“Innis on Ice: Examining NHL Hockey as a Space-Binding Medium”
(Presented at The Toronto School: Then, Now, Next International Conference, University of Toronto, October 13-16, 2016.)
Hockey is arguably Canada’s most popular sport and plays a crucial role in our national consciousness and branding to the world. Although the game is played and viewed at numerous levels, the National Hockey League receives the most exposure due to frequent nationwide broadcasts. Since the late 1800s, hockey has grown from a loosely organized activity played on frozen ponds to a multi-billion dollar industry and emblem of Canadian identity.
Harold Innis recognized how print, the telegraph, and radio, in addition to waterways, and railroads, worked to collapse space and create a worldview that emphasized the administration of vast territories, and the commodification of time. Furthermore, as Edward Comor noted, Innis also “recognized, organizations, institutions, and technologies as ‘communication media’ in that they constitute core structures through which people interact and history unfolds” (2001, 280). Therefore, by using the criteria above, NHL hockey is arguably a space-binding medium insofar as it plays a central role in the creation, proliferation, and maintenance of a recognizable Canadian identity.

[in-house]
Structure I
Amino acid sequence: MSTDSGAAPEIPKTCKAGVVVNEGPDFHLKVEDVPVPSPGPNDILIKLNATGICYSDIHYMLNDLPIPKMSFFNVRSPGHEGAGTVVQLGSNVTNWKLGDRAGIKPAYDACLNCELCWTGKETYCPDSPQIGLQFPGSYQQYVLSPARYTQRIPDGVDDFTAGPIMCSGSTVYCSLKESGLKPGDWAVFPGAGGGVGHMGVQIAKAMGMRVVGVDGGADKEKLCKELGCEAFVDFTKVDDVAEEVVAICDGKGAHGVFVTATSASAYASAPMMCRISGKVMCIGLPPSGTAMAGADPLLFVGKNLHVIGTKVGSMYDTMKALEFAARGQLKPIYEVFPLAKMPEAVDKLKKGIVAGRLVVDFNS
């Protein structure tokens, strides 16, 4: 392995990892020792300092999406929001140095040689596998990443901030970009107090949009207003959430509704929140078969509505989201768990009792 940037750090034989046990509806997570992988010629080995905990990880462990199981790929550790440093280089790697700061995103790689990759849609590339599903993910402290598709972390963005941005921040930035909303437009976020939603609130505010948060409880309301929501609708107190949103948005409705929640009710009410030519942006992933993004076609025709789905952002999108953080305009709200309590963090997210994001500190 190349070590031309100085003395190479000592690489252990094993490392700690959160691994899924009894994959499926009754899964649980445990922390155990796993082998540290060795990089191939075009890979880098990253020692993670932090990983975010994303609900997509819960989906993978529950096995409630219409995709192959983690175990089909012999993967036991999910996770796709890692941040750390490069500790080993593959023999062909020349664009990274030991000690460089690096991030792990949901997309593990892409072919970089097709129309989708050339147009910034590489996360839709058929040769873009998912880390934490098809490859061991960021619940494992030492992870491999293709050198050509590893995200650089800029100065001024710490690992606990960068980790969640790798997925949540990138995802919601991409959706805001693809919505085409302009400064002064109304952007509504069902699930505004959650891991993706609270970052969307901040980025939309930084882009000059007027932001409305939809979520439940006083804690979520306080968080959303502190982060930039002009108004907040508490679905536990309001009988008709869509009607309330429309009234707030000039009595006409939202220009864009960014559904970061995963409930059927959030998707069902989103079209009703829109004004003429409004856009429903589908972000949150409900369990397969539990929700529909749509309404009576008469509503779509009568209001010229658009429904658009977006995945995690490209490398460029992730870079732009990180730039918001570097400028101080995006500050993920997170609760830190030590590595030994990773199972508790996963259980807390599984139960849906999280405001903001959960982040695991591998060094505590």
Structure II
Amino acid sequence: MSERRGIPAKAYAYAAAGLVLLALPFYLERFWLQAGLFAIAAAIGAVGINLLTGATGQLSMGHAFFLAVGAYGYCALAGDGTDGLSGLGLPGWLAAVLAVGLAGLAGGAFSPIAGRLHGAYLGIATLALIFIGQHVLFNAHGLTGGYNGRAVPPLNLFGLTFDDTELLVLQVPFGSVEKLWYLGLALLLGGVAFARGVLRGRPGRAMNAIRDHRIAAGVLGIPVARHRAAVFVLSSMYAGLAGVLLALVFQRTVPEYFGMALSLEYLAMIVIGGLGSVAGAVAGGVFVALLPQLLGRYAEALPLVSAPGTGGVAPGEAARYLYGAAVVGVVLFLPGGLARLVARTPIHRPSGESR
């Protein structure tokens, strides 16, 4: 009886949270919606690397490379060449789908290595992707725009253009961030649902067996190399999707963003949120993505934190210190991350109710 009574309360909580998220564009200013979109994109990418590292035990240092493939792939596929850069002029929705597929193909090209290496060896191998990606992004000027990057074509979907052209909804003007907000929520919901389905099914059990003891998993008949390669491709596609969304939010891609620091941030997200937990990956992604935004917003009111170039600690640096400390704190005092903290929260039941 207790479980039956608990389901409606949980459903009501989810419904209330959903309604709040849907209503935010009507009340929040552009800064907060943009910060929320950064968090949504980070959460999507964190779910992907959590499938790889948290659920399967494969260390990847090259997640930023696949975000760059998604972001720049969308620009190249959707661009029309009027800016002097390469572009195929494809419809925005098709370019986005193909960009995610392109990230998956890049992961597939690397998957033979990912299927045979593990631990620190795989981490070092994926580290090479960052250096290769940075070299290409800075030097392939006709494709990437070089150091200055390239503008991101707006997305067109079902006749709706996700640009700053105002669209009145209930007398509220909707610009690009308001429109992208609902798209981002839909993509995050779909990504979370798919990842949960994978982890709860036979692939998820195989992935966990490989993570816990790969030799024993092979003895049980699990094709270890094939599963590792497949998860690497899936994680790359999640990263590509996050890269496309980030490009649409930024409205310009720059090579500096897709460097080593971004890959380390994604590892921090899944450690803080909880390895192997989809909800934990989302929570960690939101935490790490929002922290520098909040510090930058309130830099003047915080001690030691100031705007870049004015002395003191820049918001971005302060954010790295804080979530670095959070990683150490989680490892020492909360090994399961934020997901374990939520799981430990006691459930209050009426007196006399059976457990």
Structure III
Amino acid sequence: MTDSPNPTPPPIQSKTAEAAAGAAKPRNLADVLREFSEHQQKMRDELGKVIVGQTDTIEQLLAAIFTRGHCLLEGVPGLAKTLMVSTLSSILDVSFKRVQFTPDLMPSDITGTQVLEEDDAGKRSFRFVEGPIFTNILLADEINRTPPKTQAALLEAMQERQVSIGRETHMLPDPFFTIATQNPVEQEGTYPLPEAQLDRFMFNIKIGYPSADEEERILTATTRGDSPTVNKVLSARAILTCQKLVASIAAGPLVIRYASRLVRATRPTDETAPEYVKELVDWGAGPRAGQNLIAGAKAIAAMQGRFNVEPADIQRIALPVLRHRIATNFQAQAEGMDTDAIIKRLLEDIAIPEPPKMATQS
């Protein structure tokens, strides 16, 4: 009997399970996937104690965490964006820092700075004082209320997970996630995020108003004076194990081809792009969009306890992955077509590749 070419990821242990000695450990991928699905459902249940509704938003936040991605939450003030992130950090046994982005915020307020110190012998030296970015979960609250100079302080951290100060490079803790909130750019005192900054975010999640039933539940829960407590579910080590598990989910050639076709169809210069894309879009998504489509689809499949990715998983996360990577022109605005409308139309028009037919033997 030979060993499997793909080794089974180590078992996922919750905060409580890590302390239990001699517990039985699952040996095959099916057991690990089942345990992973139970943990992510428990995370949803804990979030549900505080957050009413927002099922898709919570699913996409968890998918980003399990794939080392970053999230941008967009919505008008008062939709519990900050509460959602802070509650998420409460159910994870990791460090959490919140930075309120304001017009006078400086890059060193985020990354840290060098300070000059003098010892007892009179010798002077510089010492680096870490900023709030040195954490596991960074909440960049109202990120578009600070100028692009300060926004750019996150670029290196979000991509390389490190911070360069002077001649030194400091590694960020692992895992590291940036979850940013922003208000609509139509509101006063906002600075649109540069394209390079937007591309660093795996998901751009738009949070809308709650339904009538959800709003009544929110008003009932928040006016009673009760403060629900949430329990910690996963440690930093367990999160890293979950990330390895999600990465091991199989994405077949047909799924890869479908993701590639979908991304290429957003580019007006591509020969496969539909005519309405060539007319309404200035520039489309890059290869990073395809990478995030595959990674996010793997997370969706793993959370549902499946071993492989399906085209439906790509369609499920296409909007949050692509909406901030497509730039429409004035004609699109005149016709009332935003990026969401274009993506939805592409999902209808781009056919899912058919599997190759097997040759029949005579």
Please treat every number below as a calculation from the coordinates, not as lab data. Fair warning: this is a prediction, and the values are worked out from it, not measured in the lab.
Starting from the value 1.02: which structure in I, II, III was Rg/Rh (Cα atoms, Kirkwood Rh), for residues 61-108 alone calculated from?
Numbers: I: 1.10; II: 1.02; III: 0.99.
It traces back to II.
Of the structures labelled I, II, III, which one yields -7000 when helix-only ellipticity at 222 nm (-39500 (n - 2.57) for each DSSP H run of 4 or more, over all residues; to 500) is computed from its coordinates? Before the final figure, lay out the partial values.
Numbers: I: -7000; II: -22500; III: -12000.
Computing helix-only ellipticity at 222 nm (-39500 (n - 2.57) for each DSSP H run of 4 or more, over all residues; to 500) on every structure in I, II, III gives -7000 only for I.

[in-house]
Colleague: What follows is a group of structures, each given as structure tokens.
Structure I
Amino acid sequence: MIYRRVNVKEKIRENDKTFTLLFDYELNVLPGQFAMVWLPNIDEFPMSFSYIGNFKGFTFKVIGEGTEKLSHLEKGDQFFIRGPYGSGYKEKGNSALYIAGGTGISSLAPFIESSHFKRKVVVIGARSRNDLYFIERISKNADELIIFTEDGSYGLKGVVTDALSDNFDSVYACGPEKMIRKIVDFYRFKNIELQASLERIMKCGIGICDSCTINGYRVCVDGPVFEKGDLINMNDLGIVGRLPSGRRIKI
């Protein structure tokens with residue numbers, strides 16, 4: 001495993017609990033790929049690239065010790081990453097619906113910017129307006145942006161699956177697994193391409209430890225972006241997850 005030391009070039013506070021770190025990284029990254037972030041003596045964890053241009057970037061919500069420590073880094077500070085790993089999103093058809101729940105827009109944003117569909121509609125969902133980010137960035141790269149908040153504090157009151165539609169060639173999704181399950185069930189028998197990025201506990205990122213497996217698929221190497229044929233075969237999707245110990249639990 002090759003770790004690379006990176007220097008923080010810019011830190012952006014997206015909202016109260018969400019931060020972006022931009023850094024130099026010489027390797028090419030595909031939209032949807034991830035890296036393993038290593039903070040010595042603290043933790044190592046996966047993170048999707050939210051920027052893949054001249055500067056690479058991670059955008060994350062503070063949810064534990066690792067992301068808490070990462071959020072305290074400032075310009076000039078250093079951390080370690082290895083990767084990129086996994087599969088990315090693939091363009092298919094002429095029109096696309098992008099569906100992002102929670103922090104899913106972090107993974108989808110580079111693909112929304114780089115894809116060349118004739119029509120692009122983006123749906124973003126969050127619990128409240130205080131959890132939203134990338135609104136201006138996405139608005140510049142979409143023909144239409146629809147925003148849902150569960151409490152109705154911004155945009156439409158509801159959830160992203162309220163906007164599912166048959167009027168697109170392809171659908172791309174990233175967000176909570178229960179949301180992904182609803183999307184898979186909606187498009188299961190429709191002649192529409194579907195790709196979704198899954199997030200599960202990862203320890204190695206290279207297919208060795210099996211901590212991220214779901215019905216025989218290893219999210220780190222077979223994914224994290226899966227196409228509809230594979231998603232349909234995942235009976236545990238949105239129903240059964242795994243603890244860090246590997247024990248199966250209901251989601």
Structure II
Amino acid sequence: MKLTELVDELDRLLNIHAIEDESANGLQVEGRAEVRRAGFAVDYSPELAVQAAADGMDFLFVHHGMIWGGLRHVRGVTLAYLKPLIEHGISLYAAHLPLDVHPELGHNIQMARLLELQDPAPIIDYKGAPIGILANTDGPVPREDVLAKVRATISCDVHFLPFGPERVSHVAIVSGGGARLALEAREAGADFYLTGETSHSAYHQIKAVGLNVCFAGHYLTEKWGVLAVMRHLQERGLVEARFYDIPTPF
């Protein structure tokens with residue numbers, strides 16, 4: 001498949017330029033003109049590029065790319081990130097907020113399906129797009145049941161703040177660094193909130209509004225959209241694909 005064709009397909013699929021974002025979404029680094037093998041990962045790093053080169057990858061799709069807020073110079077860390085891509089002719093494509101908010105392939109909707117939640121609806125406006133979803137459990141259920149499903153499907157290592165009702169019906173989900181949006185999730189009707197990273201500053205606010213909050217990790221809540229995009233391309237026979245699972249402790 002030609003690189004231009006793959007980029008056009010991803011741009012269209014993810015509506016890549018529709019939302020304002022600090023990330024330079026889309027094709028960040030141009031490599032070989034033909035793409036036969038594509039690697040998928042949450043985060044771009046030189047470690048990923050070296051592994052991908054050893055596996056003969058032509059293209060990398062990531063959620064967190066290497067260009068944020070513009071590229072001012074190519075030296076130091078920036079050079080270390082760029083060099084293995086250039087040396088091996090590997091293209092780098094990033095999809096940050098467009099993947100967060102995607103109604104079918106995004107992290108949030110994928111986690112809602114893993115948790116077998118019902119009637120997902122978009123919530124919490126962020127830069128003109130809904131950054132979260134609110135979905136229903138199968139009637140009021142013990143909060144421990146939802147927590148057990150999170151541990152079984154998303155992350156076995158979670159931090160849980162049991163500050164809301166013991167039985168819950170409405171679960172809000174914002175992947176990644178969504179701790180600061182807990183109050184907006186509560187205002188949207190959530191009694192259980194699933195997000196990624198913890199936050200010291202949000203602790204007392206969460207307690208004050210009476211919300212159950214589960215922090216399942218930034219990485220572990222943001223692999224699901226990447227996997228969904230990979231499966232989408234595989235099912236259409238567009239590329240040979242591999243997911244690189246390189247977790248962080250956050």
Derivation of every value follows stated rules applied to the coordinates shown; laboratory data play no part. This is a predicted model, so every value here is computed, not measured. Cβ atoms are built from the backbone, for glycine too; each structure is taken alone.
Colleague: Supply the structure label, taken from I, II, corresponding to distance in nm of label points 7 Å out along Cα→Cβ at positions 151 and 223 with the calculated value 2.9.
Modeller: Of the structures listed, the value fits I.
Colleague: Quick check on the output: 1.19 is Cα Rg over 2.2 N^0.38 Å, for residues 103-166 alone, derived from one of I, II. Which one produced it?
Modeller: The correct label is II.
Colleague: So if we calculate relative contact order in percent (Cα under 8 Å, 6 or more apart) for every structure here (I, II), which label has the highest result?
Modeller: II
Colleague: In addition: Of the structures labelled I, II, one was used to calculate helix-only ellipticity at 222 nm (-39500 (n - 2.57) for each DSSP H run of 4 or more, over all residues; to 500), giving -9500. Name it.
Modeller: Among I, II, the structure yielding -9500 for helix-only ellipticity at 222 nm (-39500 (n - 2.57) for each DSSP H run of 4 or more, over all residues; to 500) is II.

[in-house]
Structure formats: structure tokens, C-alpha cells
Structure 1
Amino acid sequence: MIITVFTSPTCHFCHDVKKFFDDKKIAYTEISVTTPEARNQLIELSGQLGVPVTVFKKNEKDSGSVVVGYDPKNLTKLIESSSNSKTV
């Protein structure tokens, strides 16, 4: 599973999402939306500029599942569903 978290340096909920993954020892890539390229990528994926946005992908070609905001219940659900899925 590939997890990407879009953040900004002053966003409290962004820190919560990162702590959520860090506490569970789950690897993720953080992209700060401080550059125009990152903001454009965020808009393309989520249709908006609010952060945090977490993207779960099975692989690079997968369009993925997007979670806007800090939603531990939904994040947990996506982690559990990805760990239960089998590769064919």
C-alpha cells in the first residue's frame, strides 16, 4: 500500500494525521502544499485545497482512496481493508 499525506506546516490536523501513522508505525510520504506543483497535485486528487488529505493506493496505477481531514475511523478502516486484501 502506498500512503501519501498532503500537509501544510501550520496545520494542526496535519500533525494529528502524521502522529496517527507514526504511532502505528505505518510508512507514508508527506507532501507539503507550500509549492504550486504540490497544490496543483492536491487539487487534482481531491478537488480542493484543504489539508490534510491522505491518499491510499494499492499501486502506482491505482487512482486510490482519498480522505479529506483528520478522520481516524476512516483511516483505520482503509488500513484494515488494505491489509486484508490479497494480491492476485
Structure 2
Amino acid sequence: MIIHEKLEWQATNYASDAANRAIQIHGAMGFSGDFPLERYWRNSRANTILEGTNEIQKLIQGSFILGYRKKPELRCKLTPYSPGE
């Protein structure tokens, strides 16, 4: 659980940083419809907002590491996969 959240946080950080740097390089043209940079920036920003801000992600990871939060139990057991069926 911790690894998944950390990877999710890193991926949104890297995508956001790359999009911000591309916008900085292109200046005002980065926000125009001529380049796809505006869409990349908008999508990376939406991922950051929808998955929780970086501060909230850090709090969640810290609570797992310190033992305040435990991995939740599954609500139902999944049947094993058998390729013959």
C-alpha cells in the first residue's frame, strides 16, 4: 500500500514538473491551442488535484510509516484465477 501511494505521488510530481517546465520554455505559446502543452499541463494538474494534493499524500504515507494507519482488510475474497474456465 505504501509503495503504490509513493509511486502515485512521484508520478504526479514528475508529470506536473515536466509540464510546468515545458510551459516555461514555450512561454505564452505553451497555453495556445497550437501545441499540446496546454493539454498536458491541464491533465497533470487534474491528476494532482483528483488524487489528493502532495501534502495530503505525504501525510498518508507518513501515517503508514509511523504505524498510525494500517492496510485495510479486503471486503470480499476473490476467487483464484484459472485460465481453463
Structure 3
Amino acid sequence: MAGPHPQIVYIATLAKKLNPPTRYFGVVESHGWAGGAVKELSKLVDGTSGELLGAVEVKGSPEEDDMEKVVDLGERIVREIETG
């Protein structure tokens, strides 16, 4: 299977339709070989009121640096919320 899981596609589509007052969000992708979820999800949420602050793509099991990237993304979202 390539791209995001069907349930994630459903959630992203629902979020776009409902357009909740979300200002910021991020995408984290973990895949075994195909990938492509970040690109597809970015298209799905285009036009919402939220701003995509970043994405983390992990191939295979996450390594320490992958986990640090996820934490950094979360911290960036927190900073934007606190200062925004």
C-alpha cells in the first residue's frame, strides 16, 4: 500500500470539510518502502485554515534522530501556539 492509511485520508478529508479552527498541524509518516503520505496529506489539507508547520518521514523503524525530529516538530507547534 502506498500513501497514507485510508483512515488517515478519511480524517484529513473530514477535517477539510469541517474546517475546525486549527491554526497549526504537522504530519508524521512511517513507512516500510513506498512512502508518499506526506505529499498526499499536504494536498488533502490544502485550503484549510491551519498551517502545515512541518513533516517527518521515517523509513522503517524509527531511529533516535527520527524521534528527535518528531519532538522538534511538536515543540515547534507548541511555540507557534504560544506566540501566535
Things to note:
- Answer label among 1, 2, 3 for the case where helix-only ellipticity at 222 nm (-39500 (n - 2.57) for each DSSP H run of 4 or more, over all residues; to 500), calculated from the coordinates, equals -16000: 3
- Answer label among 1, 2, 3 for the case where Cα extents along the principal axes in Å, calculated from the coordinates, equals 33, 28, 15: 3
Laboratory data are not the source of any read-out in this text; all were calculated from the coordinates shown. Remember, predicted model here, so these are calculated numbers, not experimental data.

This paper analyzes the multiple levels that NHL hockey operates as a space-biased medium and questions the implications of a possible conflation between sport, nationalism, and militarism.